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What they're used for

Sediment corers can recover samples of the seafloor sediment and the top few metres of substrate. RV Investigator has a range of dedicated coring systems, including a Long Core System, Kasten core and KC Multicorer.

Testing of the new giant piston corer and core pipe handler during IN2021_E01. Image: John Hooper.

The vessel has the flexibility and capability to accommodate other coring systems, and units can be brought on board by researchers as required.

Long Core System

The gravity/piston coring system undertakes full ocean depth soft sediment coring, typically in unconsolidated to semi-consolidated calcareous muddy sands, silts and deep-sea oozes.

The coring system can be assembled with different length cores from 6 m to a maximum of 24 m.

Kasten core

The Kasten core uses a track and tilt system for deployment/retrieval and is suitable for full-ocean depth coring. The Kasten core is a gravity coring system with a 150 mm square core which is available in 2, 3 or 4 m lengths.

KC Multicorer

The KC multicorer is designed to sample in softer sediments at any depth. It has six tubes to collect replicate samples. Each tube is 100 mm diameter and 600 mm long.


Used to retrieve continuous, undisturbed core samples, especially in coarse sediments and shallow waters where other systems cannot be deployed.

Available through negotiation with Geoscience Australia.

Smith-McIntyre Grab

The Smith-McIntyre grab is designed to collect a core of sediment approximately 320 mm x 380 mm x 200 mm deep.

How they work

Long Core System

The coring unit is deployed from the starboard side of the vessel using a dedicated coring deployment system comprising a winch, overhead coring boom and core handling system.

The coring unit consists of the head weight, coring tube, removable inner core liner and core catcher which can be configured as a gravity corer or piston corer.

When configured as a piston corer it has an additional piston cable with release mechanism and a small trigger core. The trigger core reaches the bottom first and triggers the release of the main core which free falls to the bottom and penetrates the silt. The tube is drawn back out of the silt with core catchers preventing the silt from coming out of the coring tube.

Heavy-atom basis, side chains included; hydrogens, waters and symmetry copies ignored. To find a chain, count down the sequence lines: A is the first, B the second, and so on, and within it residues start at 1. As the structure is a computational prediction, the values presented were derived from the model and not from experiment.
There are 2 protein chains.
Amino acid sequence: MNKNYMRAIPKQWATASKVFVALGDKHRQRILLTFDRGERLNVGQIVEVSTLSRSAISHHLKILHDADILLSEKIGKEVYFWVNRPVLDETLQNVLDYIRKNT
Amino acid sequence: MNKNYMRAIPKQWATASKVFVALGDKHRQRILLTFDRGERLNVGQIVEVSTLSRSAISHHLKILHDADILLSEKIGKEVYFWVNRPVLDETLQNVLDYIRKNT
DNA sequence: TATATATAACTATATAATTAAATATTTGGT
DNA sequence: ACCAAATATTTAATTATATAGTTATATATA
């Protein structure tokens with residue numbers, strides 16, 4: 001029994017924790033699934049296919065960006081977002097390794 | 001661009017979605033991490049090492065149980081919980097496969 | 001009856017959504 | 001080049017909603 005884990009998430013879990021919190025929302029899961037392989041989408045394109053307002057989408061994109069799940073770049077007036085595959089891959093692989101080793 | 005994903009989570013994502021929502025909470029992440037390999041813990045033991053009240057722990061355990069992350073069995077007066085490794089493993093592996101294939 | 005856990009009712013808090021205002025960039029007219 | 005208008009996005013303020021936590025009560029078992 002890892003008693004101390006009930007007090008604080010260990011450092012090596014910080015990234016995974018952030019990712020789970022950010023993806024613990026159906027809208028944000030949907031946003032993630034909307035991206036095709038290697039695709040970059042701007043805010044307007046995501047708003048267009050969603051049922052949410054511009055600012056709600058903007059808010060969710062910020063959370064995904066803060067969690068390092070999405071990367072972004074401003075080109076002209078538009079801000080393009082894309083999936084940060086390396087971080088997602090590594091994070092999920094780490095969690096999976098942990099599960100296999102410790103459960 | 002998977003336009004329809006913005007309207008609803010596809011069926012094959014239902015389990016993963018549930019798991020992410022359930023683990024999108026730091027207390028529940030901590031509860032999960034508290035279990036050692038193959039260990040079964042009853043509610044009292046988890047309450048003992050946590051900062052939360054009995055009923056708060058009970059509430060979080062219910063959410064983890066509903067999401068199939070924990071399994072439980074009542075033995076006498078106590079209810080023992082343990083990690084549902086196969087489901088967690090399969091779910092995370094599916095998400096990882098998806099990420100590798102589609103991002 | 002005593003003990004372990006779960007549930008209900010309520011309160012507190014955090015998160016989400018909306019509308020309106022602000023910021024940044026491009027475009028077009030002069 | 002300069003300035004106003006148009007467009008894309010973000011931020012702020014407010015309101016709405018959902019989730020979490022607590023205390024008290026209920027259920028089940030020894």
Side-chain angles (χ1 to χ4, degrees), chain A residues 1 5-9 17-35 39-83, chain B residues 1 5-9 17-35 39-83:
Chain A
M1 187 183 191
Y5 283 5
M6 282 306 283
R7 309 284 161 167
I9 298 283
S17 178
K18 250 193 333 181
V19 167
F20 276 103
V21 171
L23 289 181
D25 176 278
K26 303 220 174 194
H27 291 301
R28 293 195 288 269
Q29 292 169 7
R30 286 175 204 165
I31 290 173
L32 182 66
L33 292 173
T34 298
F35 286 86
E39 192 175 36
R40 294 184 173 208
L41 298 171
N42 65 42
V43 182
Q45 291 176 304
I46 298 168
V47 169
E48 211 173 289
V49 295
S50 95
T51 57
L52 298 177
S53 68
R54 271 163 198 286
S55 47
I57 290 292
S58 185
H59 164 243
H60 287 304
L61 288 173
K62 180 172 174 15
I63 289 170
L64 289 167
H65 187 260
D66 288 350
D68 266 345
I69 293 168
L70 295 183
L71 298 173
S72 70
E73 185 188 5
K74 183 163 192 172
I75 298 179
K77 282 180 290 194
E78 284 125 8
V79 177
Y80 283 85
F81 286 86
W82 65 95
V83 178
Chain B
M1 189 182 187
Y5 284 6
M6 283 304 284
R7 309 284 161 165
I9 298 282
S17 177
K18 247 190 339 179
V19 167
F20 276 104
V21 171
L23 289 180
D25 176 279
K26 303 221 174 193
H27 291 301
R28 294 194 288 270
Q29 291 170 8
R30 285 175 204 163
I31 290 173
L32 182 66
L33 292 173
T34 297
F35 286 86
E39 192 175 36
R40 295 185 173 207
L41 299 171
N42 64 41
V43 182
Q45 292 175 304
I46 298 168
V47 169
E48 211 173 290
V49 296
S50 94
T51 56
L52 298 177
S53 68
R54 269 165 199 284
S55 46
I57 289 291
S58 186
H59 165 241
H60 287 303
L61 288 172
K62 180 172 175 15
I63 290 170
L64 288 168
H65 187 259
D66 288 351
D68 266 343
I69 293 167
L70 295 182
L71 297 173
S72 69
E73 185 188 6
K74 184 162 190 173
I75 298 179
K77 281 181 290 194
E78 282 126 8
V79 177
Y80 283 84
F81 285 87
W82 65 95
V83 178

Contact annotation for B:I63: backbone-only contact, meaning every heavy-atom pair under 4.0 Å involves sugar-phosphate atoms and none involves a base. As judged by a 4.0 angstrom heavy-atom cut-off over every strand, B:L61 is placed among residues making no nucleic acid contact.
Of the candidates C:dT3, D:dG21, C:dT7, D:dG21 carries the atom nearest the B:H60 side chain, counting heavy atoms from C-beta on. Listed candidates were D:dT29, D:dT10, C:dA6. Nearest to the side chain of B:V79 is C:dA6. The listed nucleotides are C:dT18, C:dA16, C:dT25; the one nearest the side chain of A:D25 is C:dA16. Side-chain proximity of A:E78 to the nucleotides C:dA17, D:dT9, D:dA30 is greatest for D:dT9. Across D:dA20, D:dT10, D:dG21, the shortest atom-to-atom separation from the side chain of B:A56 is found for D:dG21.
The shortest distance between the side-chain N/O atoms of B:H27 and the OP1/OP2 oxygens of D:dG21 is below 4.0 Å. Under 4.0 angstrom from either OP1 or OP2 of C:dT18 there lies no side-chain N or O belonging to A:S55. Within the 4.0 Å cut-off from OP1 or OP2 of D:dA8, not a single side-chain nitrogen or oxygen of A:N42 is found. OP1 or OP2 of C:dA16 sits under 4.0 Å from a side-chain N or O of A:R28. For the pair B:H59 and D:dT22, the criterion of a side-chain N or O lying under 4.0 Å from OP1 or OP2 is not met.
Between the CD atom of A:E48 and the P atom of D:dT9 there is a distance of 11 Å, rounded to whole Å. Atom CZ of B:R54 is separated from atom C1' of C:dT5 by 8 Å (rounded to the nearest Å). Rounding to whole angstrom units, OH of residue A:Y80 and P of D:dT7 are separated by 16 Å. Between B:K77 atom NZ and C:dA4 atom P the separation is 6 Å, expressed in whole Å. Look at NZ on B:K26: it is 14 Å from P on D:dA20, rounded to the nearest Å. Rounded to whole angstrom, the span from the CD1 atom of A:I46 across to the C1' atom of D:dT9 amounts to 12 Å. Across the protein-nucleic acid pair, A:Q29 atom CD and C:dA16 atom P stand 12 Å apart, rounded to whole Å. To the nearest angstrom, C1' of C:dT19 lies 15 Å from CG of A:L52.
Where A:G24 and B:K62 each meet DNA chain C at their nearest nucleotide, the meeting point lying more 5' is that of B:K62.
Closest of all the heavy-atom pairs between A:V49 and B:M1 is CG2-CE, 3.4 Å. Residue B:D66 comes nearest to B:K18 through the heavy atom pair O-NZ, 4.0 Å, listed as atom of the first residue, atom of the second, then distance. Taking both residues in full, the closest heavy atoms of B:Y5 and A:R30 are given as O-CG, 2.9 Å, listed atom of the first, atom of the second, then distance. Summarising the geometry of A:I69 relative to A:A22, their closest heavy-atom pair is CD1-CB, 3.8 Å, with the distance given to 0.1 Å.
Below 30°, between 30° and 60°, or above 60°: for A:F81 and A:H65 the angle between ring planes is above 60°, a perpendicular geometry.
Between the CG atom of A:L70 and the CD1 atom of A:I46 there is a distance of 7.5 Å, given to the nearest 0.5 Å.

Kasten corer

Scientists and students examine a sediment core from the seafloor. Image: Hannah Power, University of Newcastle.

The Kasten corer is a type of gravity corer that uses a sample tube manufactured from sheet metal of square cross section. No liner is used. A cutter section fitted to the end of the sample tube has two spring-loaded flaps that close when the corer is withdrawn from the sediment. The sample tube is designed to be split to gain access to the sample.

An advantage of the Kasten corer is that cores can be opened immediately after retrieval, as one side of the core barrel can be removed giving access to the entire length of the core.

KC Multicorer

The unit is armed by lifting the entire centre section and securing the lids and lower gates open. The corer is then deployed, lowered to the sea-floor and upon 'landing' it uses 300 kg of lead weights mounted to the top of the centre section to drive the tubes into the seafloor.

When retrieval begins the lids are closed creating a suction effect to collect and retain the sample. When the tubes leave the sediment, the lower gates close retaining the sample.

Smith-McIntyre Grab

The grab is loaded on the ship by compressing the springs and setting the jaws in the open position. The grab is automatically triggered upon landing on the seafloor. When triggered, the grab is driven into the sediment by the preloaded springs and its own inertia. During retrieval, the jaws are forcibly closed by the retrieval cable, collecting a relatively undisturbed core of sediment.

The Smith-McIntyre grab is relatively reliable system, returning a good volume of sediment from suitable bottom types.

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